PreClinical CROs – Why, When, Who, and How?

When I started my company 7 years ago, I knew I would eventually need HR support and capabilities. I didn’t want to do it myself for a couple reasons . . . I didn’t have the experience or knowledge in HR (Nor do I want it, no offense to any HR friends!), and I didn’t have the set-up/capabilities to be able to do it. I ended up choosing an outside company and outsourced all of my HR needs/functions to them. Easy right? Nope! I had to consider . . . Do I really need them? When do I engage them? Who should I choose? How do I initiate and oversee them?

It’s the same thought process a pharma/biotech/med device company has when considering engaging a preclinical CRO to tackle their pivotal animal safety (and sometime efficacy) studies. Do we really need them or can we tackle this ourselves? When shall we start the process? There are so many choices, which CRO is right for us? Once engaged, how do we manage them and maintain control over our data/our program?

Benefits of Outsourcing (Why)

A solid preclinical program will go a long way in helping the sponsor company set up their Phase 1, 2, and 3 Clinical trials!

Preclinical development programs require a large amount of time and money.

Implementing and maintaining an accredited vivarium takes many resources.

To qualify for regulatory submission, the tests must be conducted per GLP (Good Laboratory Practice) conditions, which also takes additional resources.

Efficacy, early-on pharmacokinetic studies, and some acute non-GLP safety studies are often times conducted in-house by the study sponsor because there are fewer regulations, animals, and resources required, as compared to GLP studies.

Rather than spending the time, resources, and money to establish GLP conditions, it’s often times much more efficient to put the burden on the CRO who is already set-up and qualified to perform such studies.


Since the preclinical phase can be so costly, try to take advantage of savings opportunities by good planning and implementation. Begin with your goal in mind, and then work backwards. Don’t rush the decision or the time-frame. Confirm the types of studies, study design, timelines, and budget before engaging a CRO.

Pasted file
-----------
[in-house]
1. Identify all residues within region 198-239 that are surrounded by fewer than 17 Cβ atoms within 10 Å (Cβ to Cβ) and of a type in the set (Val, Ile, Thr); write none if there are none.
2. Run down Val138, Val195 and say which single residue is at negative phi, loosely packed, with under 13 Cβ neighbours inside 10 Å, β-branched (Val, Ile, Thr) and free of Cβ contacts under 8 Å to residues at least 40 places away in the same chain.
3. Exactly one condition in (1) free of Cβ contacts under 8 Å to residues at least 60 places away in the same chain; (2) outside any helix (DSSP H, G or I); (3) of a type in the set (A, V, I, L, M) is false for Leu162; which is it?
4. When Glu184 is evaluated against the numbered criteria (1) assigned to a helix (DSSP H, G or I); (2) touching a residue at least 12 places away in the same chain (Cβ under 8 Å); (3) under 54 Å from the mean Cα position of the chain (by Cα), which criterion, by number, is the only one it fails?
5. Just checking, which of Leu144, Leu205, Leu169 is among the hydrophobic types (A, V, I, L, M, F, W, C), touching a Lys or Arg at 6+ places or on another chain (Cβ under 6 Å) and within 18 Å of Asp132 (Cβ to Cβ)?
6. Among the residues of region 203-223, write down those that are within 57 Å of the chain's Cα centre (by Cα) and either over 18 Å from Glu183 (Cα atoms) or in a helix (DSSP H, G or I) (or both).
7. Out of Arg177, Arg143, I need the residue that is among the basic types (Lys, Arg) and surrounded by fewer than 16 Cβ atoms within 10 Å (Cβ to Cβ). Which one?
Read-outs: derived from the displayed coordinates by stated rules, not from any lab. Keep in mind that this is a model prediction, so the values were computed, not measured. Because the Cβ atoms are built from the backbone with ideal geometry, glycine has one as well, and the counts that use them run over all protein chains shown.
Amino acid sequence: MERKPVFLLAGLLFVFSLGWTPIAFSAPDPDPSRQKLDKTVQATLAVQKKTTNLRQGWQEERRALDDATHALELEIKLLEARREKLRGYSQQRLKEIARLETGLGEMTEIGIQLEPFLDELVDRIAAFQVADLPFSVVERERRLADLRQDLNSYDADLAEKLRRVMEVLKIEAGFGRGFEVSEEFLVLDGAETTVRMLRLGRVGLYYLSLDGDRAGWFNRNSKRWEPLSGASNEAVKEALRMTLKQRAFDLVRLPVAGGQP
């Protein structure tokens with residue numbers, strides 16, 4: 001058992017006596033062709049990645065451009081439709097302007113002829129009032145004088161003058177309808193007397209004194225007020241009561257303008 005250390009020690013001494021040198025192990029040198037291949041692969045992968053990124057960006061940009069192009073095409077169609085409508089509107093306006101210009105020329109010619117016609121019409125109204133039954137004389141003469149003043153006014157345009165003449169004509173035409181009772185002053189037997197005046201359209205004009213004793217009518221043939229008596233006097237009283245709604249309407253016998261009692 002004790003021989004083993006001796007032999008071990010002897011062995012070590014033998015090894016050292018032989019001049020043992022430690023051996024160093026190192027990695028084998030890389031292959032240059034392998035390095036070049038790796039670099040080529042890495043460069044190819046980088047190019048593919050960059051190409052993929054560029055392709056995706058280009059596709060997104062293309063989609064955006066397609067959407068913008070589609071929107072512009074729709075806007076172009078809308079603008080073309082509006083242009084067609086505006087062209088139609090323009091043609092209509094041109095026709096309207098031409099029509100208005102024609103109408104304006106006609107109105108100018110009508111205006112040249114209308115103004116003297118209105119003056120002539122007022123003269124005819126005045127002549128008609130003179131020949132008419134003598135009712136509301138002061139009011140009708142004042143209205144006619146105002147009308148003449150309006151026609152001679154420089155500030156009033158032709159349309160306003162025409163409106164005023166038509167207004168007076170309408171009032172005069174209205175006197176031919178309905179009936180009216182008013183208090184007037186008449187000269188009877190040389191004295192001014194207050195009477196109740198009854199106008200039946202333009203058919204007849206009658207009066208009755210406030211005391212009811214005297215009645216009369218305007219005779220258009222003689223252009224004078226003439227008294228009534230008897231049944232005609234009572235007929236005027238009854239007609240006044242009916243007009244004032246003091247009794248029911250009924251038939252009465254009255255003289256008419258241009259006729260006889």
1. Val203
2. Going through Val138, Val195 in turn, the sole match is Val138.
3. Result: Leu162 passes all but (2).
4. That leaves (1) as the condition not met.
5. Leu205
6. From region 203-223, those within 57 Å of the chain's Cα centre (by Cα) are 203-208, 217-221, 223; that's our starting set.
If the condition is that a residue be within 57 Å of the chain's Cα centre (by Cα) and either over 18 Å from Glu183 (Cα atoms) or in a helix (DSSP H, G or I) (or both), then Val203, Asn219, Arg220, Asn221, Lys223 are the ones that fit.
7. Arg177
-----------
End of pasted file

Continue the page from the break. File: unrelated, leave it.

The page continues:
There are a number of preclinical CROs and choosing the right one for your company can be a bit overwhelming. As with anything, I think word-of-mouth and referrals is the best place to start. Discuss with your colleagues and other companies who they have used and had success with. Don’t stop here though.

  • Attend trade-shows and speak with various CRO representatives
  • Research online
  • Read publications
  • Visit the CRO facilities
  • Request the results of recent FDA audits, 483s, etc
  • Obtain CVs for the study director(s)
  • Assess their Quality Assurance program


Once you have engaged a CRO, it’s time to plan! Take this slow and don’t cut corners.

  • Identify a primary administrative and technical contact for the Sponsor company and the CRO
  • Sponsor should design a plan for monitoring and managing the study
  • Study timelines should be determined in advance and agreed upon by both parties
  • Sponsor and CRO should hold regular project team meetings
  • Regular sponsor visits (sponsor should try to attend the first day of dosing)
  • Sponsor audits
  • Perform interim data reviews
  • Upon completion of the study, Sponsor and CRO should set a timeline for report writing, review, and revision

Toto's Tips

  • Discuss the preclinical program early on and determine the need for a preclinical CRO.
  • Don’t rush the CRO selection process . . . there are many choices and many factors that determine WHO is right for YOU.
  • Don’t hand off your study to the CRO. You, as the sponsor company are ultimately responsible for the study, so stay involved from start to finish. Don’t lose the control.